A walk-out by postmen in protest at the sacking of a colleague accused of stealing mail has been ruled out by their union.
However, a silent protest is to be staged by members of the community at Royal Mail’s Cupar delivery office where David Mitchell worked.
Colleagues, friends and customers of Mr Mitchell are angry that Royal Mail has failed to reinstate him as ordered by a judge.
A meeting was held by local members of the communications union CWU in support of the 57-year-old who won his employment tribunal following his dismissal from Cupar delivery office.
CWU branch secretary Kenny Logan said there would be no walkout, work-to-rule or any other form of unofficial industrial action.
He said: “There was a meeting which was well attended and we now have a flight path the membership wants me as branch secretary to take.”
Following the meeting in the Cupar YMCA, he is to report to the outdoor section secretary of the union and seek legal advice before it is decided what action to take.
Mr Logan said: “Under no circumstances will there be any unofficial industrial action in any shape or form.”
A date is yet to be set for the silent protest, organised by a friend of Mr Mitchell, but it is likely to take place this week.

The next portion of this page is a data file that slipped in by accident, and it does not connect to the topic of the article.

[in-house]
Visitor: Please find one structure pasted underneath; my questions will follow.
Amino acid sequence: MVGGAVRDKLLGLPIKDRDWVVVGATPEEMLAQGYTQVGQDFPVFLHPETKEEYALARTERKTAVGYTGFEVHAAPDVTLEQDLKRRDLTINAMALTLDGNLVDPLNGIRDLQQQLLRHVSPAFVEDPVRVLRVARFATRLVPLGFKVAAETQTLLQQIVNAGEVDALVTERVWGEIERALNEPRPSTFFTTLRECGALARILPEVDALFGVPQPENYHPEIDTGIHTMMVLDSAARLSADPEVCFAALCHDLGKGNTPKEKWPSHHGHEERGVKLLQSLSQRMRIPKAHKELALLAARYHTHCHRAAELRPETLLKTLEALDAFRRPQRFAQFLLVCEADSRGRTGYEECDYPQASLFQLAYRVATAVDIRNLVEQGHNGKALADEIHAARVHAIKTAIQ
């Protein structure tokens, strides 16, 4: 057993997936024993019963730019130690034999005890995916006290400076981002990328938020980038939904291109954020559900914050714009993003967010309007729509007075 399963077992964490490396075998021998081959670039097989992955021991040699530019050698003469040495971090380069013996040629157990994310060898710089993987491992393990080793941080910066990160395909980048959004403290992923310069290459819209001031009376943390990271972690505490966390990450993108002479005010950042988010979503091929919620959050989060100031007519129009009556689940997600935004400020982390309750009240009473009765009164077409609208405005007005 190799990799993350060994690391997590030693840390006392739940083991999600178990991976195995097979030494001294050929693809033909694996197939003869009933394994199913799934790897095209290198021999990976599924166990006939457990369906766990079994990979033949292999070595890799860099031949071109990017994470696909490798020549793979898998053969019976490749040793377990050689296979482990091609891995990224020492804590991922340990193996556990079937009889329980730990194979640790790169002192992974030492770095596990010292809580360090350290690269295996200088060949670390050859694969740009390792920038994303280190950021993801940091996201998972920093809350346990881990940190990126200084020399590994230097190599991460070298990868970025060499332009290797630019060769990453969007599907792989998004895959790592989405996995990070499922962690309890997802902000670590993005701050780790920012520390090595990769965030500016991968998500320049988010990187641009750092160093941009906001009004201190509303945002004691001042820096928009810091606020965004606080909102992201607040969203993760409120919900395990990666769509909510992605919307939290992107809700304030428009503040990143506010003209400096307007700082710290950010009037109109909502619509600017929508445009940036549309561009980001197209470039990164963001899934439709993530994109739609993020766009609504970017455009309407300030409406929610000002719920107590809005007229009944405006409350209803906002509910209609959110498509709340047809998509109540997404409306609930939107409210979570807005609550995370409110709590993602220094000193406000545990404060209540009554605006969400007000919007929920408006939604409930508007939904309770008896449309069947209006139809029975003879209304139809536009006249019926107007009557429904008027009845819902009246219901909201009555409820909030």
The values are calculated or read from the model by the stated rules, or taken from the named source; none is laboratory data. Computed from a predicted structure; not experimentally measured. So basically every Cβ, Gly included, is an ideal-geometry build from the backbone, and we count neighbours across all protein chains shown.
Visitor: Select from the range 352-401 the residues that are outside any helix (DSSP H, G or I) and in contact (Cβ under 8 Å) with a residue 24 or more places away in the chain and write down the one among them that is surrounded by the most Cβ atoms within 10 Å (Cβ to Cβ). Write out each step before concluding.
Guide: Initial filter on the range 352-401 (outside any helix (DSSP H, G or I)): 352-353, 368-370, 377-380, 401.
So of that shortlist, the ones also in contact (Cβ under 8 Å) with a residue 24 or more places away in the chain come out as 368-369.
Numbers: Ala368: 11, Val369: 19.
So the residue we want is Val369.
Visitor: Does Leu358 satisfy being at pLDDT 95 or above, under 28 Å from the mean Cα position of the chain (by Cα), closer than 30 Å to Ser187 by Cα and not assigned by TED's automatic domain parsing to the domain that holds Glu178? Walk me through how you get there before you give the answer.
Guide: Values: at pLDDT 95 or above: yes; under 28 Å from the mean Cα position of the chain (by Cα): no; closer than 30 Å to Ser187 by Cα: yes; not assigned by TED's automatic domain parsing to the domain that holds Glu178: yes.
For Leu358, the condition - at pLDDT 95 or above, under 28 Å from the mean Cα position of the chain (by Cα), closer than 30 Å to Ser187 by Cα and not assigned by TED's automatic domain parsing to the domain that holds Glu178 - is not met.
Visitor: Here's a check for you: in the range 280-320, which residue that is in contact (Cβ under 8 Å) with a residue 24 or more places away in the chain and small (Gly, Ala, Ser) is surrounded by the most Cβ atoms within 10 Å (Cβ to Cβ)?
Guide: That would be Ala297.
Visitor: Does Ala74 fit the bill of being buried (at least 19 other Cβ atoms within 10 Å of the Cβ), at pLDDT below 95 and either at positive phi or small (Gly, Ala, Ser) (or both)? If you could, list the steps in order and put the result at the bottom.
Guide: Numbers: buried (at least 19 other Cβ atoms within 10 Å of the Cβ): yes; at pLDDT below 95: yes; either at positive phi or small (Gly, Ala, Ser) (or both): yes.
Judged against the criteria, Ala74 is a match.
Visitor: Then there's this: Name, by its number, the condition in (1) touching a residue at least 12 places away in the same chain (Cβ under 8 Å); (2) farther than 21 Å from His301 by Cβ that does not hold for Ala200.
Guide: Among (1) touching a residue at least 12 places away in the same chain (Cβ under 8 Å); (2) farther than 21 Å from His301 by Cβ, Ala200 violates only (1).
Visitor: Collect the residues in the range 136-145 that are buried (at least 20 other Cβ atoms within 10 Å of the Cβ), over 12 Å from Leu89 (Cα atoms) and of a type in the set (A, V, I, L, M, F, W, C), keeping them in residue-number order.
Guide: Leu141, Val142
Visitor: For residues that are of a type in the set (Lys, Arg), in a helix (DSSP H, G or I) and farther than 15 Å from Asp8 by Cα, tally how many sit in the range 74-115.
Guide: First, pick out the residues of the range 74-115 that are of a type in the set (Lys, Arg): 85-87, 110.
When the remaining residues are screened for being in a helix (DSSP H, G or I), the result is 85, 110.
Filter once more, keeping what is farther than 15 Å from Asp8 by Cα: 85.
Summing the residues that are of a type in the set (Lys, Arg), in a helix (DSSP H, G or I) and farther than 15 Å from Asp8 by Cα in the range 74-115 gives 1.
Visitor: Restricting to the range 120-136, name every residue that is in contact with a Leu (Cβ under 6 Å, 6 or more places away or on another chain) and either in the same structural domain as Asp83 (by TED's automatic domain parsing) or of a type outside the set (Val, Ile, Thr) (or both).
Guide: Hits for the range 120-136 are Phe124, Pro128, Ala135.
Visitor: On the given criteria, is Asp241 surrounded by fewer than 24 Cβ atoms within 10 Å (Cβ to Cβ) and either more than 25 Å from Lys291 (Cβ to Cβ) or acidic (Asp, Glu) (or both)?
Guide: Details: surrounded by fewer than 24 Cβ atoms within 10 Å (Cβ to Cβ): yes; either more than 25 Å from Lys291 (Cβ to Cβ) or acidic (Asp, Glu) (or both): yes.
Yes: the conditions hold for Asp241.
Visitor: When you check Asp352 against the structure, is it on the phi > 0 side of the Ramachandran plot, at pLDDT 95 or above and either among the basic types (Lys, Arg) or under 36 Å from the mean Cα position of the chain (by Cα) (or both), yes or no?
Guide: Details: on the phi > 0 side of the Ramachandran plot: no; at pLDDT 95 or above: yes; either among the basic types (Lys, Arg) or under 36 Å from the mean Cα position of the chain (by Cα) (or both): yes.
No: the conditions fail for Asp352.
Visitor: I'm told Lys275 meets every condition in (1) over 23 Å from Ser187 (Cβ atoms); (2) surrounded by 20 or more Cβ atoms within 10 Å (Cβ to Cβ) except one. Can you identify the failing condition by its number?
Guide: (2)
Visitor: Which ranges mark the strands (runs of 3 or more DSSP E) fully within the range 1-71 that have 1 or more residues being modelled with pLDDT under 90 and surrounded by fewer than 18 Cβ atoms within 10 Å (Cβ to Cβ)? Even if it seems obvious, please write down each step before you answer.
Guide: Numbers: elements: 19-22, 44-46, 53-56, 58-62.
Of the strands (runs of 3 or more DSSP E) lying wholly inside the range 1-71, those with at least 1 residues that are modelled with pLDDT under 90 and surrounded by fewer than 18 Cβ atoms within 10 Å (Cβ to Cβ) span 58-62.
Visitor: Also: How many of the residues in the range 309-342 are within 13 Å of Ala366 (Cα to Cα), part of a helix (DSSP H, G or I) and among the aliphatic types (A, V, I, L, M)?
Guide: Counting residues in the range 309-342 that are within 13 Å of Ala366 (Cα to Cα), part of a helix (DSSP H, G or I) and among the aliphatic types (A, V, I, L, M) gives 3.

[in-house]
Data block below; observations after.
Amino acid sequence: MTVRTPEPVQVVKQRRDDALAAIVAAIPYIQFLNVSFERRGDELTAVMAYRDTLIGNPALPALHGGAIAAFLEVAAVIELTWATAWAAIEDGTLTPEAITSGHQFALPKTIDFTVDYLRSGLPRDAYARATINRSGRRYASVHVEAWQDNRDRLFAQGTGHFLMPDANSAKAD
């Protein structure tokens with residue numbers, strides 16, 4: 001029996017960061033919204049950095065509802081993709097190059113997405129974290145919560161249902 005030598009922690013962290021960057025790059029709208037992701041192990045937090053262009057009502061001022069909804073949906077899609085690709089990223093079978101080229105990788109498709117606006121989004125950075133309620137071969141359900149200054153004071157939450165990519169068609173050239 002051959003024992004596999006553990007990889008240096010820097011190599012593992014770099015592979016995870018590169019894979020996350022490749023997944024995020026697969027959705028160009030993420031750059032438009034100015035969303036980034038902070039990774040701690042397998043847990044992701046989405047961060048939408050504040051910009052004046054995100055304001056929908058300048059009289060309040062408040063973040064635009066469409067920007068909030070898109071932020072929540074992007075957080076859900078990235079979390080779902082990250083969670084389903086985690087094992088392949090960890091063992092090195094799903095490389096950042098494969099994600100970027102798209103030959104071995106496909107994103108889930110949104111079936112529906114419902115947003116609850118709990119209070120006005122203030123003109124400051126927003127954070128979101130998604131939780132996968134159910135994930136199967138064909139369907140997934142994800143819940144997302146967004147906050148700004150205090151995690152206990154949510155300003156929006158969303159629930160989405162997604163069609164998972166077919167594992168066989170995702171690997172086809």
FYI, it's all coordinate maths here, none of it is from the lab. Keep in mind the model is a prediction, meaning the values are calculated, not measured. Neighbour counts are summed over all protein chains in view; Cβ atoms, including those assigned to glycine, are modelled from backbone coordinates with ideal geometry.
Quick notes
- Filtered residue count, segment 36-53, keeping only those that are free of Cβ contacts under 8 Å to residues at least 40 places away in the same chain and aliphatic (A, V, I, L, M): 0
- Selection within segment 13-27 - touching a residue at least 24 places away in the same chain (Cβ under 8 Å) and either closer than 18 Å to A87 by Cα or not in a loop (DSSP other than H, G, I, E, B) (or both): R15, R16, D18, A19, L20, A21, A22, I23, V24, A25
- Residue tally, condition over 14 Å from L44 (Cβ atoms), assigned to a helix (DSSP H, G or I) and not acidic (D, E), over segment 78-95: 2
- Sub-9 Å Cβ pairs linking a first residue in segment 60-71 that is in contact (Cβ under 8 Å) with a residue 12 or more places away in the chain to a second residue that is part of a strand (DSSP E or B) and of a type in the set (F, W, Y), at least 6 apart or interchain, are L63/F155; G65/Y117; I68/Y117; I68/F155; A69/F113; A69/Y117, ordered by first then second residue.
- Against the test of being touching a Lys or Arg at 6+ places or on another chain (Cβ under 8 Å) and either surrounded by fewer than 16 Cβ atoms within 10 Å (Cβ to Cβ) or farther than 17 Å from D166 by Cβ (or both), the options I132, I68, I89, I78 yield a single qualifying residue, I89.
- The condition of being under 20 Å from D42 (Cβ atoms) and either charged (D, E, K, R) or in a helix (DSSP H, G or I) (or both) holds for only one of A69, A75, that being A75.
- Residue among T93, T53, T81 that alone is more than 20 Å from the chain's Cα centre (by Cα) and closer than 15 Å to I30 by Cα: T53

Mr Mitchell said: “All I want to do is return to my work and do the deliveries I have been making for the last 17 years.
“I am 100% innocent and I have been living and breathing this for the last 15 months. It has taken its toll on my health.”
Mr Mitchell, of Chance Inn, was unfairly dismissed by Royal Mail which alleged he stole greetings cards containing money and gift vouchers.
None of the missing items were found on Mr Mitchell or in his van, car or home and Judge Ian McFatridge found there were insufficient grounds for Royal Mail to sustain its belief in his guilt.
The delivery firm has requested a reconsideration hearing of his reinstatement.
Customers on Mr Mitchell’s route of 17 years in Ceres, Craigrothie, Cults and Chance Inn have written to Royal Mail demanding his return to post and more than 800 people have signed his online petition demanding the judges’ finding be final in UK employment law.